The University of Western Sydney, which I visited with the Deputy Leader of the Opposition and the member for Greenway, is living proof of the Labor legacy. At UWS, 65 in every 100 of their current domestic students are the first member of their family to go to university. One in four of their domestic students comes from a poor family. One in three of the domestic students there speaks a language other than English at home, representing the best of 140 different nations. Nearly one in every three of their Australian students is mature age—remarkable, gutsy Australians retraining and acquiring skills to adapt to our modern world. They are who we fight for today.

I have been to see La Trobe University's Bendigo campus with Senator Carr and the member for Bendigo, a university giving young people from the bush and regional Victoria the chance to get a degree close to home and attracting new people to Bendigo. Between 60 to 80 of every 100 graduates from regional university campuses start work in that region. They make a social contribution to the community that has supported them. They give back what they have received. That is what we are fighting for today, to stop the drain of country people to the city. Regional universities and university towns in the bush add to the fabric of our nation.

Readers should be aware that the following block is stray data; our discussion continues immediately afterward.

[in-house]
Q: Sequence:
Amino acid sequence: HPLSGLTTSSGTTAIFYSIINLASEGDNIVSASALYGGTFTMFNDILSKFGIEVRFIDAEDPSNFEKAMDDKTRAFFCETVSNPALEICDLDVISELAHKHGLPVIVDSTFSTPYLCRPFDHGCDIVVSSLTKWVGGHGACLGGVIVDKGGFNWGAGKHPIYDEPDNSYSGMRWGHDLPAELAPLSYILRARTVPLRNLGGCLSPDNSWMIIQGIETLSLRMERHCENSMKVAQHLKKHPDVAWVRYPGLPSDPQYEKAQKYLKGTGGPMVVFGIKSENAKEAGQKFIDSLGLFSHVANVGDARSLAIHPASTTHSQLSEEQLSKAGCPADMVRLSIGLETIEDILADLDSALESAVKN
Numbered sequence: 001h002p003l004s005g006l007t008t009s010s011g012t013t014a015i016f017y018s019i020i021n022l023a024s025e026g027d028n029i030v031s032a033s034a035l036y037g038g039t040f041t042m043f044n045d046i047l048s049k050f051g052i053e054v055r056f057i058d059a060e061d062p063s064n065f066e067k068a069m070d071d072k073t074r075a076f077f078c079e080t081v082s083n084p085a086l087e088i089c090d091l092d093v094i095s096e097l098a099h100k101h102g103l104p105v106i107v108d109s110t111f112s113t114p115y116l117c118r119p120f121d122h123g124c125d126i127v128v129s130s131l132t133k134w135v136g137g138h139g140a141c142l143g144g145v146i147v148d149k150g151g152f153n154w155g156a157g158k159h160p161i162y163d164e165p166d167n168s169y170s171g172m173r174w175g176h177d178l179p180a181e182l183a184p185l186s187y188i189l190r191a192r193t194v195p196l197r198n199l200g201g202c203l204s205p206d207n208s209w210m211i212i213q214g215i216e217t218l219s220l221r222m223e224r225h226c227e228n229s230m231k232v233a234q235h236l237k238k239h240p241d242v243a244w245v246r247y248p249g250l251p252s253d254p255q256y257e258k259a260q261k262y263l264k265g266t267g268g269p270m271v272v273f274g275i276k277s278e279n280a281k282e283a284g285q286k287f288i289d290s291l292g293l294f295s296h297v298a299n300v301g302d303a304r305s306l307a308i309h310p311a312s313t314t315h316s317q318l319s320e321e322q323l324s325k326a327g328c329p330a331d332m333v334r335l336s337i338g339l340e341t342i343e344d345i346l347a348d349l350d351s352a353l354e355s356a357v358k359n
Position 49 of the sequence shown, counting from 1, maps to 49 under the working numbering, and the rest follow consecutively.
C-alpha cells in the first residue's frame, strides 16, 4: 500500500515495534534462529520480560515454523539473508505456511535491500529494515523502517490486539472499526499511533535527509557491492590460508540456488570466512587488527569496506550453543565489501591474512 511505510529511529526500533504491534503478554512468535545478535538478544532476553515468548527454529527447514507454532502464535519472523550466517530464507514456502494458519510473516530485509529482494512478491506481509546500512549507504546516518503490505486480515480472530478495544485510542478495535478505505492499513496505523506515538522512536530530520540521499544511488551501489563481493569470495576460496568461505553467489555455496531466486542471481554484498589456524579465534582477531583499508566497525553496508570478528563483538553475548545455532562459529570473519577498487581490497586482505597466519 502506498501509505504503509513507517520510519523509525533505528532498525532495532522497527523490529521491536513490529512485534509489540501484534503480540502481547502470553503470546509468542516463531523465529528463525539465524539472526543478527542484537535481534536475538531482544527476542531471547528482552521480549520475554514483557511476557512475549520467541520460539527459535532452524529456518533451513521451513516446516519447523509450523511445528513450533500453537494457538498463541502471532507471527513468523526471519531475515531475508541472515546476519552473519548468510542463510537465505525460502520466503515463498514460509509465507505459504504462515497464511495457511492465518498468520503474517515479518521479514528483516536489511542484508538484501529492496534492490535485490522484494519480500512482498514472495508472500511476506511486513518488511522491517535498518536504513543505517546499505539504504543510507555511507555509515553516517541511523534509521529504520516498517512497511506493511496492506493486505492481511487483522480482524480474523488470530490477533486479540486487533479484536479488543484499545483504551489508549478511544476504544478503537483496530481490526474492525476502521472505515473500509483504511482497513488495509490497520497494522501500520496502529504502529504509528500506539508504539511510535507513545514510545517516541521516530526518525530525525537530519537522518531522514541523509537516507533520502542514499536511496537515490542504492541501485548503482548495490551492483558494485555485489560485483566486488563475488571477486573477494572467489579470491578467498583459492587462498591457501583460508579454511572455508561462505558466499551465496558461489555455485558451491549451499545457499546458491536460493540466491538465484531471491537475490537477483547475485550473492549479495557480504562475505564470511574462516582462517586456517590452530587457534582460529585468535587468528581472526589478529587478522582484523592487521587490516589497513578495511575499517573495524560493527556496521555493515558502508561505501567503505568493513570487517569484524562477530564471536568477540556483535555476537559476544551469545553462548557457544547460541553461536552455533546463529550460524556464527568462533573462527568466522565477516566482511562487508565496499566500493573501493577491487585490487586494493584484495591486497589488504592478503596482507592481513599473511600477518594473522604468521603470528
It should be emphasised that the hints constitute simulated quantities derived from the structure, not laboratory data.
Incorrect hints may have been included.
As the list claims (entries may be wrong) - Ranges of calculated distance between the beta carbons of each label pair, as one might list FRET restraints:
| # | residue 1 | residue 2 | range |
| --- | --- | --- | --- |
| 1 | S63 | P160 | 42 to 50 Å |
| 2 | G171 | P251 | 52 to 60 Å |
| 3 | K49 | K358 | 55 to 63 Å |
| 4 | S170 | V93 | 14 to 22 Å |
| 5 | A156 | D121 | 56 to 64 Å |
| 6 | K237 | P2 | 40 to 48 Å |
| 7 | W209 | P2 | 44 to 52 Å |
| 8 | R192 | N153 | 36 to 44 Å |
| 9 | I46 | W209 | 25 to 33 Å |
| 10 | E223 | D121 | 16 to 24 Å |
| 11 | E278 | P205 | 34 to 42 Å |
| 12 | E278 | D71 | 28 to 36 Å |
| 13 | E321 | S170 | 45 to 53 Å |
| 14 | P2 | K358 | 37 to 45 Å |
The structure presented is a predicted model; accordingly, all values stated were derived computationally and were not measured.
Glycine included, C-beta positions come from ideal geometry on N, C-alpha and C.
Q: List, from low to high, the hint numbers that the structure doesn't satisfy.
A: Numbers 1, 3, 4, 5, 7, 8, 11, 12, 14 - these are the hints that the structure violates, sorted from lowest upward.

This Prime Minister, this shameful Prime Minister who knowingly promised no cuts to education, and this so-called Minister for Education—the great pretender who promised not to increase university fees—have used this budget to ambush the people of Australia with one of the most profound economic and social policy shifts in a generation. There was no green paper to discuss the issue. There was no white paper. No public consultation has occurred under the Dawkins changes. These changes that we oppose today are purely the product of private lobbying, personal ideology and the careers of frustrated student politicians.